WILLIAMSON COUNTY, Texas (KXAN) — A detective currently on administrative leave implored Williamson County leaders to provide more mental health assistance to deputies who find themselves in a similar situation.
“Today I’d like to talk to you about the increased mental health issues and dangers of suicide within the Williamson County Sheriff’s Office for those personnel put on administrative leave,” Detective Michael Klier said Tuesday during the Commissioners Court.
Klier, who currently serves as president of the Williamson County Deputies Association, addressed the county commissioners during the public comment section. He pointed out that deputies on administrative leave still receive their pay and benefits, yet he said he expressed his surprise to a lieutenant recently that more employees had not taken their own lives “because of the way our people are treated.”
“It’s the feeling of being cut out from the organization that they come to work to every day willing to lay down their lives, which is the worst — the isolation of administrative leave,” Klier said. “I was often surprised when I would call my fellow deputies on administrative leave, and they would tell me, ‘You were the only one that has called.'”
He added, “We at the Sheriff’s Office respond to dozens of welfare concerns a month to support our citizens, their fears and their family and friends, yet our employees suffer in agonizing silence.”
The Williamson County Sheriff’s Office provided the following statement Wednesday about Klier’s remarks:
“When a WCSO employee is under investigation and subsequently placed on administrative leave, contact is not made with the employee until the investigation is complete. Sheriff Chody created a peer support team that provides WCSO employees psychological and emotional support through all types of incidents if the employee decides he or she needs assistance. The Peer Support Team is available to all employees, including those on administrative leave.”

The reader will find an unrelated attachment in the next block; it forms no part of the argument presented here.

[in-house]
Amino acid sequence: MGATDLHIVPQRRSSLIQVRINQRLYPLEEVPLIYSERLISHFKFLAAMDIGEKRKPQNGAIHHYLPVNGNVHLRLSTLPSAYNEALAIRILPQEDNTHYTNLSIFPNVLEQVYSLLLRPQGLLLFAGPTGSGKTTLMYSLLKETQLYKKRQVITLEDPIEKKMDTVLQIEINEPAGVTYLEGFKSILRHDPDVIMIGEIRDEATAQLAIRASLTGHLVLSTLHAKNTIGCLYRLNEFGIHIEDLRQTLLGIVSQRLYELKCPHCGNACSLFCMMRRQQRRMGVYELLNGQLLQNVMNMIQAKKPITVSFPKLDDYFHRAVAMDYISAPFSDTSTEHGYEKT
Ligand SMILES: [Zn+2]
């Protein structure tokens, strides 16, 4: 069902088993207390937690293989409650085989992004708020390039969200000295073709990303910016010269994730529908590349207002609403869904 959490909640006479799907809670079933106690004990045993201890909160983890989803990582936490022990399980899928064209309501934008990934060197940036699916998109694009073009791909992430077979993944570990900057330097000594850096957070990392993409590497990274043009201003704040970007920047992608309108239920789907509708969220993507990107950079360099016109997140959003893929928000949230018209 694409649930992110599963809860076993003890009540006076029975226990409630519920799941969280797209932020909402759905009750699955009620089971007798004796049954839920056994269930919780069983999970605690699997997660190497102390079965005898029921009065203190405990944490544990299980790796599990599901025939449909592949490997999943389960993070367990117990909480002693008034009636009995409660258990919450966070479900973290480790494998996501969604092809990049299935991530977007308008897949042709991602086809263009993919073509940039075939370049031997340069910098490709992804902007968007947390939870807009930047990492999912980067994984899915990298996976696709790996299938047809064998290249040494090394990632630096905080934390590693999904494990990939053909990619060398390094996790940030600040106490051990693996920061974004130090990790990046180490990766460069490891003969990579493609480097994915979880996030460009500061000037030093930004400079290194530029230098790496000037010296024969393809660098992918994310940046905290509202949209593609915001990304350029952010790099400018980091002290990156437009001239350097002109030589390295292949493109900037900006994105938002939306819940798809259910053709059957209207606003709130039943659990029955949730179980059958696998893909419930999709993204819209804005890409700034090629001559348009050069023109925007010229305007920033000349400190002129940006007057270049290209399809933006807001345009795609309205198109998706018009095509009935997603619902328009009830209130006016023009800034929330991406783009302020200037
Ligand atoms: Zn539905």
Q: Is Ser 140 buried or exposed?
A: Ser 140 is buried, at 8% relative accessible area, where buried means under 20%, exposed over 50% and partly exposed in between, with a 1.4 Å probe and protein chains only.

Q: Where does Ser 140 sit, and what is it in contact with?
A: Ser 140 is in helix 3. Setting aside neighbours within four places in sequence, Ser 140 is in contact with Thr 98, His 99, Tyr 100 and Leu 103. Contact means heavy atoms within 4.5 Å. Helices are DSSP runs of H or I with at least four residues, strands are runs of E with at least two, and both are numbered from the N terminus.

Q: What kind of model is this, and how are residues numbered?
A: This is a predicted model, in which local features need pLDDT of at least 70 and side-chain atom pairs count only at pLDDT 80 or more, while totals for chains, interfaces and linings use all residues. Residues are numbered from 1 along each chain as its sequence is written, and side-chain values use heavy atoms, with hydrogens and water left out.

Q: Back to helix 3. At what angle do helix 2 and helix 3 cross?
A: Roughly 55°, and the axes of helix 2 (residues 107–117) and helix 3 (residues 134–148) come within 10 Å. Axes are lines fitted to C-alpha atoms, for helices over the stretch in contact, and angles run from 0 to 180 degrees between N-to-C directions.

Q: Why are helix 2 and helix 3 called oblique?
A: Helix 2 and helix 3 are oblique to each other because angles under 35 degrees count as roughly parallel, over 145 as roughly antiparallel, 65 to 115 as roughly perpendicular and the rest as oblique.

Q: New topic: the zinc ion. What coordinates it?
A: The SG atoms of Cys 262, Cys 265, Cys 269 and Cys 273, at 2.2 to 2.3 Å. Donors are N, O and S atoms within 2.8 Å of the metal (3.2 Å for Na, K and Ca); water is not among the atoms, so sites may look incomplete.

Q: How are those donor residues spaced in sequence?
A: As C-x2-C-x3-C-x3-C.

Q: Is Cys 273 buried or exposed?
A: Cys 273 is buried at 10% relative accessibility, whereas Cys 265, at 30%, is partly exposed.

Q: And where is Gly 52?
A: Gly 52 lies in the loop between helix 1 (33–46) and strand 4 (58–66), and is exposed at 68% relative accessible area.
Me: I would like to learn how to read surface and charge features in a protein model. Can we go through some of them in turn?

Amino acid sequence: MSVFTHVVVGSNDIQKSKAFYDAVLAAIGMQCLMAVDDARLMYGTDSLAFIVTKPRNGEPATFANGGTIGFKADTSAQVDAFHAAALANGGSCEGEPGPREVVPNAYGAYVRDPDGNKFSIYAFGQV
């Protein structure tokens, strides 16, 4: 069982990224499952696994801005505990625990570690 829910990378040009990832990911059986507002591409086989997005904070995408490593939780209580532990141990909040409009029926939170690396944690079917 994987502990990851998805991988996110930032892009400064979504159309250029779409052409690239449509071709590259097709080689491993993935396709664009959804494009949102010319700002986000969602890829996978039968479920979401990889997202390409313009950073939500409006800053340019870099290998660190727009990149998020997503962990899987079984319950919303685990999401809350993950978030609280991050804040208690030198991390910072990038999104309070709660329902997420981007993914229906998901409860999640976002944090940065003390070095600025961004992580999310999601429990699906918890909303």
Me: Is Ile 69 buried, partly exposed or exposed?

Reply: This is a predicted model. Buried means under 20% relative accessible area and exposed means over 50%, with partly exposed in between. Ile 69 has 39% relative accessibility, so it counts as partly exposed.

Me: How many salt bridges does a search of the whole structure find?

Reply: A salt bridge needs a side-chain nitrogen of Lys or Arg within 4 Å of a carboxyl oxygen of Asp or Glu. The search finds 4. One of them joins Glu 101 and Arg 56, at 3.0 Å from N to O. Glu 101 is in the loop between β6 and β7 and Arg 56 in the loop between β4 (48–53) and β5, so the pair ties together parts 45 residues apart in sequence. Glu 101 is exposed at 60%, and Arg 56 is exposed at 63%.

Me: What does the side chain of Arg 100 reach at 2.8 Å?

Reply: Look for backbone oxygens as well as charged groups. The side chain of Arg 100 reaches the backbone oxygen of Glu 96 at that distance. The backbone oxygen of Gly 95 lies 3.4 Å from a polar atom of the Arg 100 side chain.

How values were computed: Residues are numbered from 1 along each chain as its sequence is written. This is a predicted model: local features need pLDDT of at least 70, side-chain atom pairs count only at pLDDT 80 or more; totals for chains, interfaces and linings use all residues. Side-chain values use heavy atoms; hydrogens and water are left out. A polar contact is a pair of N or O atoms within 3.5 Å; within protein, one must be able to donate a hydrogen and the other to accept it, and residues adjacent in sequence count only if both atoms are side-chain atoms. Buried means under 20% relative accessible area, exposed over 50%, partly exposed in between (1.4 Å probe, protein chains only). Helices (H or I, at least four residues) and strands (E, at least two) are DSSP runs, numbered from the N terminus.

Klier told the commissioners that he is currently on administrative leave. The Williamson County Sheriff’s Office would not confirm Wednesday the reasoning for the leave.
“On Jan. 29, I walked out of the Sheriff’s Office, and my chain of command has not been in contact with me in any way,” Klier said. “As far as they know at this point, I am laying dead in my closet by my own hand.”
According to Blue H.E.L.P., a nonprofit that tracks law enforcement suicides, 228 law enforcement and corrections officers died by suicide in 2019, including 19 in Texas alone.
On Tuesday, Williamson County Judge Bill Gravell stopped Klier from finishing his full remarks because of the two-minute time limit normally allotted for public comments. However, Gravell said he let Klier speak slightly longer “out of respect to you and your service to our county.”
Gravell wrote in a statement to KXAN Wednesday, “We take both the physical and mental health of our employees very seriously at Williamson County, and we have a robust system in place to care for their needs.”
As Klier left the lectern Tuesday, Commissioner Valerie Covey said aloud to the courtroom,”By the way, we do care.”
KXAN will update its story if the Williamson County Sheriff’s Office responds to an additional request for comment about Klier’s remarks.